CAPE CANAVERAL, Fla. (AP) – Astronauts launched into orbit from the US for the first time in nearly a decade, three countries sent spacecraft to Mars, and robotic explorers grabbed rocks from the moon and gravel from an asteroid to return to Earth.
The space provided moments of hope and glory in an otherwise difficult, stressful year.
It promises to do the same in 2021, with the February landings on Mars and the planned launch of the successor to the Hubble Space Telescope – the next-generation James Webb Space Telescope.
Boeing hopes to catch up with SpaceX in the astronaut launch department, while space tourism can finally take off.
“2021 promises to be just as much a ray of hope for space exploration, maybe even more,” said Scott Hubbard, NASA’s former “Mars Czar” who now teaches at Stanford University.
While the coronavirus pandemic complicated space operations around the world in 2020, most of the high-priority missions remained on track, led by the US, China and UAE in a rush to Mars in July.
The UAE’s first interplanetary spacecraft, an orbiter, will scrutinize Mars’ atmosphere. NASA’s Perseverance rover will land on Feb. 18 in an ancient river delta and bottom where microscopic life once thrived. The rover drills into the dry crust and collects samples for eventual return to Earth.
China’s orbiter-rover duo Tianwen-1 – quest for celestial truth – will also hunt for signs of a bygone life.
The European and Russian space agencies skipped the Mars launch window of 2020, their life-sniffing Mars rover was grounded until 2022 due to technical issues and COVID-19 limitations.
China also turned its gaze to the moon in 2020, then landed and then launched the lunar surface in December with the first lunar rocks collected for return to Earth since the 1970s.
Japan brought back pieces of asteroid Ryugu – the second asteroid batch in ten years. More asteroid monsters to come: NASA’s Osiris-Rex spacecraft sucked up handful of gravel from asteroid Bennu in October to return in 2023.
Elon Musk’s SpaceX, meanwhile, was buzzing in 2020. In May, it became the first private company to put humans into orbit, a feat previously claimed by just three global superpowers. The two test pilots were the first NASA astronauts to fly a new brand of spaceship in nearly 40 years and the first to take off from Florida since the shuttle program ended in 2011.
In November, four more astronauts rode a SpaceX Dragon capsule to the International Space Station. Three weeks later, SpaceX launched its largest cargo shipment to date to the space station for NASA.
“This is an impressive achievement that Americans can be proud of,” said astronaut Senator Mark Kelly of the Dragon capsule’s double head.
Until SpaceX flights, the three-person Russian Soyuz capsules were the only way to get astronauts to the space station after NASA’s shuttles stopped.
NASA’s other hired crew transporter, Boeing, is trying to get its Starliner capsule back into action after a software-destroyed test flight in December 2019. The rebuild – again without anyone on board – is scheduled for spring. If the repair is successful and the capsule finally reaches the space station, the first Starliner astronauts will be able to fly by summer.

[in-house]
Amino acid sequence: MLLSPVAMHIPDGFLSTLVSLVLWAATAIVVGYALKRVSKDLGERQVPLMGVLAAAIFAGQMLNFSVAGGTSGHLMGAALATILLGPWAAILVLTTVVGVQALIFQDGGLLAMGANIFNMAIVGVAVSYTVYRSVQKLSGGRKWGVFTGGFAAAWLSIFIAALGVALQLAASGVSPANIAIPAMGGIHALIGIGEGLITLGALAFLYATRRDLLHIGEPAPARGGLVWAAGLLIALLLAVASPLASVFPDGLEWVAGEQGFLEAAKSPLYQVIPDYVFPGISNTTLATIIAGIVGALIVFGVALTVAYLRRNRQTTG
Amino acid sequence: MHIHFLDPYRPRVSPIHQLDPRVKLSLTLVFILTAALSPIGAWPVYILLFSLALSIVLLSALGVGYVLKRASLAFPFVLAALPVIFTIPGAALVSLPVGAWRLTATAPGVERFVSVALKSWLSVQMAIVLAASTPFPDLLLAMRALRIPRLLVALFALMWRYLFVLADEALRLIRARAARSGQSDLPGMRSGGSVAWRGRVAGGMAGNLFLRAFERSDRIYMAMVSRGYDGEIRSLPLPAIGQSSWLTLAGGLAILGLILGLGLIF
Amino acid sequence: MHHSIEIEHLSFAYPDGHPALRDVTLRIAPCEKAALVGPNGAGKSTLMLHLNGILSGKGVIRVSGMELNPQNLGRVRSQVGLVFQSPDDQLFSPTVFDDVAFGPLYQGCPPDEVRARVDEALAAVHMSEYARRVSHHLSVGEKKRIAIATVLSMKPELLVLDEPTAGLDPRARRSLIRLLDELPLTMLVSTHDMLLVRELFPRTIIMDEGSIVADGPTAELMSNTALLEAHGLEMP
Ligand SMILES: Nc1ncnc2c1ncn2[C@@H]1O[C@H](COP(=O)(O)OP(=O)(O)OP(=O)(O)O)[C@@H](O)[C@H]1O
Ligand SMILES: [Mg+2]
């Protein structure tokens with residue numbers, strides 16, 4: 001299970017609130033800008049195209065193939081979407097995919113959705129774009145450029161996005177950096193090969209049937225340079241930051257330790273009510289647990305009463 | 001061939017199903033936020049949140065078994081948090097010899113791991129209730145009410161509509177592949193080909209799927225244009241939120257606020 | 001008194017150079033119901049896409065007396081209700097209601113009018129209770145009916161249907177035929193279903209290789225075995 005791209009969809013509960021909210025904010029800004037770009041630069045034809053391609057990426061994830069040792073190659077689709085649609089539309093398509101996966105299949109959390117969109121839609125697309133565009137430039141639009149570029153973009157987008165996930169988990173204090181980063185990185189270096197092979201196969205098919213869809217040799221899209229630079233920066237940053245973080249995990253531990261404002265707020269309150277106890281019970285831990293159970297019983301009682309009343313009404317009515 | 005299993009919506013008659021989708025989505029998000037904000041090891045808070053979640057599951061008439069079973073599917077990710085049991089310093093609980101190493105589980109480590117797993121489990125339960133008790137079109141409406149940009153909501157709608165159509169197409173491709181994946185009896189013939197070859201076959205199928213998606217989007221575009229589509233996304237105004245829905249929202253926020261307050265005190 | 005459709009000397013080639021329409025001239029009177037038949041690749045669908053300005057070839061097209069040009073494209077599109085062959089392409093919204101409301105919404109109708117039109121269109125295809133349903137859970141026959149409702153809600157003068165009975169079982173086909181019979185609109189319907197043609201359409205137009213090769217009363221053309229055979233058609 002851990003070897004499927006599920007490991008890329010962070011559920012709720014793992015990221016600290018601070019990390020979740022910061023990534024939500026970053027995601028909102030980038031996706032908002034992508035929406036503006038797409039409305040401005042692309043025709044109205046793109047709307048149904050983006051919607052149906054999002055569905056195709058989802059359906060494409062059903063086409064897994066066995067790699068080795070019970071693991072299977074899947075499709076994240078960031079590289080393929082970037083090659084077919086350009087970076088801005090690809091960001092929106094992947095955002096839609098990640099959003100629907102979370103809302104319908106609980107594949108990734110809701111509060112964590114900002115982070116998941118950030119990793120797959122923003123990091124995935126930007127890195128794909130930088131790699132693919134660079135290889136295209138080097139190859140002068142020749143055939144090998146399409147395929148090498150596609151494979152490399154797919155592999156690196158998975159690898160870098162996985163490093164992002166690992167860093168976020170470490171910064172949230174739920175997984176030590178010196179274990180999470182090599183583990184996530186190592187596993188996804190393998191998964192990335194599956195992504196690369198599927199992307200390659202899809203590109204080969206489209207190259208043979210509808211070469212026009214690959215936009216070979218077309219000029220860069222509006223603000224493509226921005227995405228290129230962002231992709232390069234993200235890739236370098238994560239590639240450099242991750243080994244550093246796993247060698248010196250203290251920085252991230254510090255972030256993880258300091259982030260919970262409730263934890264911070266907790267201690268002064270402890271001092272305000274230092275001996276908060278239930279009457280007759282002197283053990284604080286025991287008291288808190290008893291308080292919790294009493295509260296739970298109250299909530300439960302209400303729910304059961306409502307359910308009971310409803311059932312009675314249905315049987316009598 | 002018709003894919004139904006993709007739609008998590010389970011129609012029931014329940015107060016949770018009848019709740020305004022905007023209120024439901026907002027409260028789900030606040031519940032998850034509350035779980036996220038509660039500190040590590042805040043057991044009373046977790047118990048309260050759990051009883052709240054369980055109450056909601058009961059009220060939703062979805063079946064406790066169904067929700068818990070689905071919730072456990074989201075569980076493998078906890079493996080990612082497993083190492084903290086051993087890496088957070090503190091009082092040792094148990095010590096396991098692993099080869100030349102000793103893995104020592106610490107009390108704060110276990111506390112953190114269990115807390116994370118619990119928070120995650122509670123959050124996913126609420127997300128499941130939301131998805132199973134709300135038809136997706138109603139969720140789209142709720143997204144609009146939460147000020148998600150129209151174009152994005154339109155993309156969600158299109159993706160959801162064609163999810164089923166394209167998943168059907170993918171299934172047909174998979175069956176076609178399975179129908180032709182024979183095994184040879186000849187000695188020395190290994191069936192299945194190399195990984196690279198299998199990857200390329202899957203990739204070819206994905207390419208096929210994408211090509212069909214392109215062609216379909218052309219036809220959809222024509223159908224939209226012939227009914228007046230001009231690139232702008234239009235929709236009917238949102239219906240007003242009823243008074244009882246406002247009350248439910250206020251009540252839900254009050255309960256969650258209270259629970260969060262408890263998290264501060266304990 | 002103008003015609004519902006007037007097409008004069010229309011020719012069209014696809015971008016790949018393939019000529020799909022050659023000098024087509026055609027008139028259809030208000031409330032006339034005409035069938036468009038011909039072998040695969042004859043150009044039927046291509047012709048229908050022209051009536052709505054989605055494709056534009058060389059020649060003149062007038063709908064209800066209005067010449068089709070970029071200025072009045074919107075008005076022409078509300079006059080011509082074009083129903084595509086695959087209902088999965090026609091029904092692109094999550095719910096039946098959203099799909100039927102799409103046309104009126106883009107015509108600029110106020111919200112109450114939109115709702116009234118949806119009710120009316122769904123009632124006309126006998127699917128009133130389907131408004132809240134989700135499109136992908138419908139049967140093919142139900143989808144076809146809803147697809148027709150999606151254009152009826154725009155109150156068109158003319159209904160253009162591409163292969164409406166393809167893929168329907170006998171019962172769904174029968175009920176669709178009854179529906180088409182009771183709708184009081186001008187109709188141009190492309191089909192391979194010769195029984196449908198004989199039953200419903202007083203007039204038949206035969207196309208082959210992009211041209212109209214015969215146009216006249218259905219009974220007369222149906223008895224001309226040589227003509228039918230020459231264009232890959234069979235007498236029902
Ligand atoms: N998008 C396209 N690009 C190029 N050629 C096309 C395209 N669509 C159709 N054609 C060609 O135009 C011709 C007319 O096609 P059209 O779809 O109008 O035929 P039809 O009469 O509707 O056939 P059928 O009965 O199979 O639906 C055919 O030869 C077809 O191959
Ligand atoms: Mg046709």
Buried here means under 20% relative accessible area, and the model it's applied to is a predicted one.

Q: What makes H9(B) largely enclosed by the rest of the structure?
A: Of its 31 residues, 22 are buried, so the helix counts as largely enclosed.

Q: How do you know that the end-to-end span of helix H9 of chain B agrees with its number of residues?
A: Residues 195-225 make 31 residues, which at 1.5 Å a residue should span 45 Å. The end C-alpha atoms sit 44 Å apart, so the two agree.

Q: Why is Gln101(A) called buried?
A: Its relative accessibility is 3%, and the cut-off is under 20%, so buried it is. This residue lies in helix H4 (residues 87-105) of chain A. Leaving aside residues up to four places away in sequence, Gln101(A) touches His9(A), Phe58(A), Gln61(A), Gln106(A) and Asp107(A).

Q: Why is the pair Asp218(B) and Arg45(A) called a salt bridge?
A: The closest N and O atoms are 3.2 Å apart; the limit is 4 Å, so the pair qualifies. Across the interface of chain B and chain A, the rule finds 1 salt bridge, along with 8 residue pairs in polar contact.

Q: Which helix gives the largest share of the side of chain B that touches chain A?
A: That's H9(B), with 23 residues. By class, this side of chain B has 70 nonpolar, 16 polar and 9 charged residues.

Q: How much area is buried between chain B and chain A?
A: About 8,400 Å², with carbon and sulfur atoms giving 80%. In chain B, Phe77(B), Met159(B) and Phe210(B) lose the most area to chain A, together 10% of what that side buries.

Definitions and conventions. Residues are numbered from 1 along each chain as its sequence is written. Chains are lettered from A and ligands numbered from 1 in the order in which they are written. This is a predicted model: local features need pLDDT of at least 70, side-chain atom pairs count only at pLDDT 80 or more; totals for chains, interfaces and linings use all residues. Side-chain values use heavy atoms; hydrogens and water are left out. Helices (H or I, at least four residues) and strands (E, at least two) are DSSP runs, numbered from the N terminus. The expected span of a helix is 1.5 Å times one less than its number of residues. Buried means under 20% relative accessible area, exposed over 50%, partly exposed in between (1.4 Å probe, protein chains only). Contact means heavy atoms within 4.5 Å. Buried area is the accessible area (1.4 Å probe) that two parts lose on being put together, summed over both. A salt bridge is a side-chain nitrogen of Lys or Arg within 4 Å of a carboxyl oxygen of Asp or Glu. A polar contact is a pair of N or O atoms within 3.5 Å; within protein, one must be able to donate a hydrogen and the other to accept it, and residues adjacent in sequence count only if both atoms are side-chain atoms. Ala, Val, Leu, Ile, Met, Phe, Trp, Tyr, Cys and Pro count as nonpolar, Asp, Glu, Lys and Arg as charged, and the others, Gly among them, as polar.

Musk closed the year with a stratospheric test flight of Starship, the rocket ship he is building to take people to the moon and Mars. The December 9 demo went better than anyone could have imagined, up to a fiery explosion on landing. Still, Musk was ecstatic.
At the same time, SpaceX is expanding its Dragon-riding clientele. SpaceX expects to launch the first privately funded Dragon flight in a deal arranged by Houston-based Axiom Space by the end of next year.
Axiom’s Michael Lopez-Alegria, an ex-NASA astronaut and former president of the Commercial Spaceflight Federation, will accompany Israeli businessman Eytan Stibbe and two other paying clients to the space station. Stibbe, a former fighter pilot, was a close friend of Israel’s first astronaut, Ilan Ramon, who died in 2003 aboard space shuttle Columbia.
Will Tom Cruise join them? The actor was in talks with NASA this year about filming a movie in the space station.
“This is the real start of private spaceflight and it will get the ball rolling to multiple orbit private missions per year,” Lopez-Alegria said in an email. “I’ve been preaching for nearly a decade __ that commercial manned space flights are the next big thing.”
Two other aerospace companies – Jeff Bezos’ Blue Origin and Richard Branson Virgin Galactic – are still conducting test flights and have yet to establish fixed dates for launching customers on short flights to the edge of space and back.
NASA is still aiming for a November debut of its new lunar rocket, the Space Launch System, with an Orion capsule that will be launched without a crew. The Trump administration had set a 2024 deadline for the first moon landing by astronauts since NASA’s Apollo program half a century ago. This month, NASA introduced the 18 astronauts who will train for the lunar program named after Artemis, Apollo’s mythological twin sister.
It remains to be seen how President-elect Joe Biden could change the moon landing program.
“What more can be said about the four years of the Trump administration, they were positive for the US civilian space program,” said John Logsdon, professor emeritus at the Space Policy Institute at George Washington University. “No previous major programs were canceled, the human exploration program was given a clear direction and funding for existing programs was increased.”
“This is a legacy on which the Biden administration can build so that there can be a continued string of successes in the years to come.”
The Associated Press Department of Health and Science is supported by the Howard Hughes Medical Institute’s Science Education Department. The AP is solely responsible for all content.